What Causes Arthritis Pain

Understand why you hurt, and learn the different types of pain.


With arthritis comes joint pain. Yet do you know why your joints hurt so much? The series of events that ultimately make you reach for your ice pack or bottle of analgesics involves a complex interaction between your brain and body.

Here’s a look inside the pain process, and how the type of pain you have determines its treatment.

The Pain Process

Though pain is never pleasant, it’s an important signal our bodies use to warn there’s something wrong. Usually, what’s wrong is that you have an injury of some kind, but in some cases what is wrong is that your body is misfiring pain signals.

When you have an injury – in the case of arthritis, an injury to your joints – the damaged tissues release chemicals that alert nearby sensory nerves. These nerves carry the message up your spinal cord to your brain. Your brain processes the message and sends a signal to your motor nerves to take action. So if you start to cut yourself while chopping tomatoes or you touch a hot pan you’ll pull away before you cause more damage.

Besides removing the source of injury, your body has other ways of managing pain. One method is to release painkilling chemicals, called endorphins. The brain also sends signals through the nerves to block additional pain messages from being received – thereby cutting off the sensation of pain.

Types of Pain

Doctors classify pain into two categories based on its duration:

Acute pain happens when you have a disease or injury. It is part of your body’s warning system. You’ll experience acute pain if you burn your hand on the stove, pull a muscle, have knee surgery or get a kidney stone. The pain may be momentary – the cut of a knife before you pull your hand away. Or, it can last for days or weeks – like a tooth that throbs until you can get to the dentist to have it filled. Some acute pain – for example an arthritis flare or gout attack – comes and goes.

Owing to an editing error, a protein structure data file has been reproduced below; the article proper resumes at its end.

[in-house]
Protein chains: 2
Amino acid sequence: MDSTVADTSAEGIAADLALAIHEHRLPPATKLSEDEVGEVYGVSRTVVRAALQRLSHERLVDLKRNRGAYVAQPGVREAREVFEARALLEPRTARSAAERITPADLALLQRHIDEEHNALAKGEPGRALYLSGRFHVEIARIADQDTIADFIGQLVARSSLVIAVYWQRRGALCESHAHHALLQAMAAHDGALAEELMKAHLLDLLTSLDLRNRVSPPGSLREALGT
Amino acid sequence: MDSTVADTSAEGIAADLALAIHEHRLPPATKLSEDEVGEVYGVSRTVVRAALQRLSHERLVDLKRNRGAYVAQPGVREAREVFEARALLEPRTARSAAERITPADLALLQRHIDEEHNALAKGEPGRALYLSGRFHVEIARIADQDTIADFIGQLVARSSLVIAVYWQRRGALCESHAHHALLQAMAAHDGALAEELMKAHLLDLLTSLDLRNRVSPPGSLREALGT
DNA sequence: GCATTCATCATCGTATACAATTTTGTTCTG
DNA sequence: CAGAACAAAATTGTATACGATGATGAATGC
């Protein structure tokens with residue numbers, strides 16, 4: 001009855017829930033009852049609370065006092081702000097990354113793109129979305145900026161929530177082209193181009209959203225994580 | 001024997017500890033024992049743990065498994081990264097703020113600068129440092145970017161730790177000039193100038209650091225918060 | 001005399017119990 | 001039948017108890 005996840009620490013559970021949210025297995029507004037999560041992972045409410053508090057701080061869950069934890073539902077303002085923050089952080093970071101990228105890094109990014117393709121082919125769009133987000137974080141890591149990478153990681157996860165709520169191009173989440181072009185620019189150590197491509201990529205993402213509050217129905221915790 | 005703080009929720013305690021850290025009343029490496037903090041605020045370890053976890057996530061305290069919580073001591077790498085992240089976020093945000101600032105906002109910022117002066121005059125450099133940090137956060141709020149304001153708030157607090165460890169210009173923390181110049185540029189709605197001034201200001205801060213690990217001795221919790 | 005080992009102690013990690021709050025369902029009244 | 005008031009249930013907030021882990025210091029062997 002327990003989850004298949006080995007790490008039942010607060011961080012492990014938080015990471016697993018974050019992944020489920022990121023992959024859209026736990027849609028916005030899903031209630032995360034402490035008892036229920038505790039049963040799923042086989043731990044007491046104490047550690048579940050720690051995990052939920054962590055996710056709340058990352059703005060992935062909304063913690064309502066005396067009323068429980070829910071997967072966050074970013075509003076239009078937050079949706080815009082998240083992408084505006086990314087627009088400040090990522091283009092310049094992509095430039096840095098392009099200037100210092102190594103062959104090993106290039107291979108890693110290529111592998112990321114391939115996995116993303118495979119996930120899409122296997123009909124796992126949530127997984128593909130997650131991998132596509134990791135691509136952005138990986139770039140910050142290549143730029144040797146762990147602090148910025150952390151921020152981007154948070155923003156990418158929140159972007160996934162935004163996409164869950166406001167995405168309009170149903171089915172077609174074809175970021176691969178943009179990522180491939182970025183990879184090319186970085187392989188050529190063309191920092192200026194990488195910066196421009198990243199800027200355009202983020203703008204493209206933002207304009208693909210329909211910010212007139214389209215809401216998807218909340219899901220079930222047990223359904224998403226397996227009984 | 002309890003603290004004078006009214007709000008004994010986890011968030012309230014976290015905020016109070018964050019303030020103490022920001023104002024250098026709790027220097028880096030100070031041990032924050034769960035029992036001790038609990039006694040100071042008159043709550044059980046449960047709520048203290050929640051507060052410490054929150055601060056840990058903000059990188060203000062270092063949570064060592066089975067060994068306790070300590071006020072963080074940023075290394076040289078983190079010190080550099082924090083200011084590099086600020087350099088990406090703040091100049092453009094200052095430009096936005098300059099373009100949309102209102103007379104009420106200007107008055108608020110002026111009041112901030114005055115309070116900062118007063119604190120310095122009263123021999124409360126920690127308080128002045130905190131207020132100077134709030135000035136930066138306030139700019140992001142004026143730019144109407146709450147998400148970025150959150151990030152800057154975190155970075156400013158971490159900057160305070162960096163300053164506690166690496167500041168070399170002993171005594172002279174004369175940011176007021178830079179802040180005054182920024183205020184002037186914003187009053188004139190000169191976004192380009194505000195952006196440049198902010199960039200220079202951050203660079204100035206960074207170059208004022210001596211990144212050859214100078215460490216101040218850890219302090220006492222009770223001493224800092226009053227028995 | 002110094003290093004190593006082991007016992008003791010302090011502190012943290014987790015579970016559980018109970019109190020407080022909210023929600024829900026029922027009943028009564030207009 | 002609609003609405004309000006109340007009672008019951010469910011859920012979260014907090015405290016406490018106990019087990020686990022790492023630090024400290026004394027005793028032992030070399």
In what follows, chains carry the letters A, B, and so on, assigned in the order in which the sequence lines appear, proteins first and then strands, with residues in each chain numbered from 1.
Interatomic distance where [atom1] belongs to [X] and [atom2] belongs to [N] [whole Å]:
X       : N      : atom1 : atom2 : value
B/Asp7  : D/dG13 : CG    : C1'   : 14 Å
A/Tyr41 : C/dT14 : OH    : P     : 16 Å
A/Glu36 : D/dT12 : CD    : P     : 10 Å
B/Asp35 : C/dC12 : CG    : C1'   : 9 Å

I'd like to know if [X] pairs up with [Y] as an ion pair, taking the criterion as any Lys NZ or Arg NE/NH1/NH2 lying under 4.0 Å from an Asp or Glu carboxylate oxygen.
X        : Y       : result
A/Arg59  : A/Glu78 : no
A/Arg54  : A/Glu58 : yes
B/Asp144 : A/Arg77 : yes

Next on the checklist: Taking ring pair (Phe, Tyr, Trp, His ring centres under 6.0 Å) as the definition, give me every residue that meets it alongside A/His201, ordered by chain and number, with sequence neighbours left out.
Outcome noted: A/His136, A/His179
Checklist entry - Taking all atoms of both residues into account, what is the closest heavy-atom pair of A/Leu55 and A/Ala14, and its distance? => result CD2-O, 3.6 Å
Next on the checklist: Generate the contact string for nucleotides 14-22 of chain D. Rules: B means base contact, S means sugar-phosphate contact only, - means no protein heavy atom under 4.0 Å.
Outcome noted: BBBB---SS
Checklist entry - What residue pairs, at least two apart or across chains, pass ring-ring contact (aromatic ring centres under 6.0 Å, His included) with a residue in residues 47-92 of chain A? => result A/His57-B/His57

Acute pain often is described as sharp, throbbing, shooting or stinging, though it can also be mild. It usually improves once the cause has been treated. Acute pain that isn’t resolved can eventually turn into chronic pain.

Chronic pain lasts for at least three months, but it can continue for many more months, and even years. Arthritis pain, migraine headaches, nerve damage, and low back pain are examples of this type of pain. Chronic pain is often described as an aching, dull, burning or throbbing.

Pain can continue long-term because there’s no treatment for your condition, or your doctor can’t find the source. Pain can also be self-perpetuating. Over time, the constant barrage of pain signals can change nerve cells in your brain and spinal cord. So even after the injury has healed or the condition has been treated, you’ll still feel the discomfort. In a sense, chronic pain becomes its own disease. This is the case with complex regional pain syndrome, fibromyalgia and other chronic pain conditions.

Pain Mechanisms

Pain is also divided into categories according to its source and characteristics – nociceptive and neuropathic pain being the two most prominent. It’s important to distinguish between the two types, because each is treated differently. Centralized pain is an important and complex category of pain.

Nociceptive pain is the immediate cause-effect pain you feel in the midst of an injury or illness. Nociceptors are receptors around your body that detect when there’s a threat to your body, and signal your brain to respond to that threat. Pain relievers such as NSAIDs (ibuprofen, aspirin) or opioids work well at treating nociceptive pain, because they interrupt the transmission of pain signals from nerves to your brain or from your brain back down to the location of injury.

Neuropathic pain is due to nerve damage that makes pain signals continue to fire, even after the immediate cause has been removed. Neuropathic pain can produce unusual sensations, like a tingling or electric feeling. Neuropathic pain can be especially frustrating because it doesn’t respond well to pain relieving medication. Instead, treatments target the affected nerves. One therapy for neuropathic pain, called neurostimulation, sends an electric current to the spinal cord. This creates an alternate sensation that prevents the original pain signals from reaching the brain.

Finding Pain Relief

Sometimes the source of pain – especially chronic pain – might not be immediately apparent. It can be frustrating and upsetting to live with a pain you can’t effectively address. Even though pain isn’t always curable, you and your doctor can work together to develop a comprehensive pain management plan that will bring you relief.

The Arthritis Foundation is the leading organization 
providing support and funding research to improve the 
lives of individuals with arthritis. You can help!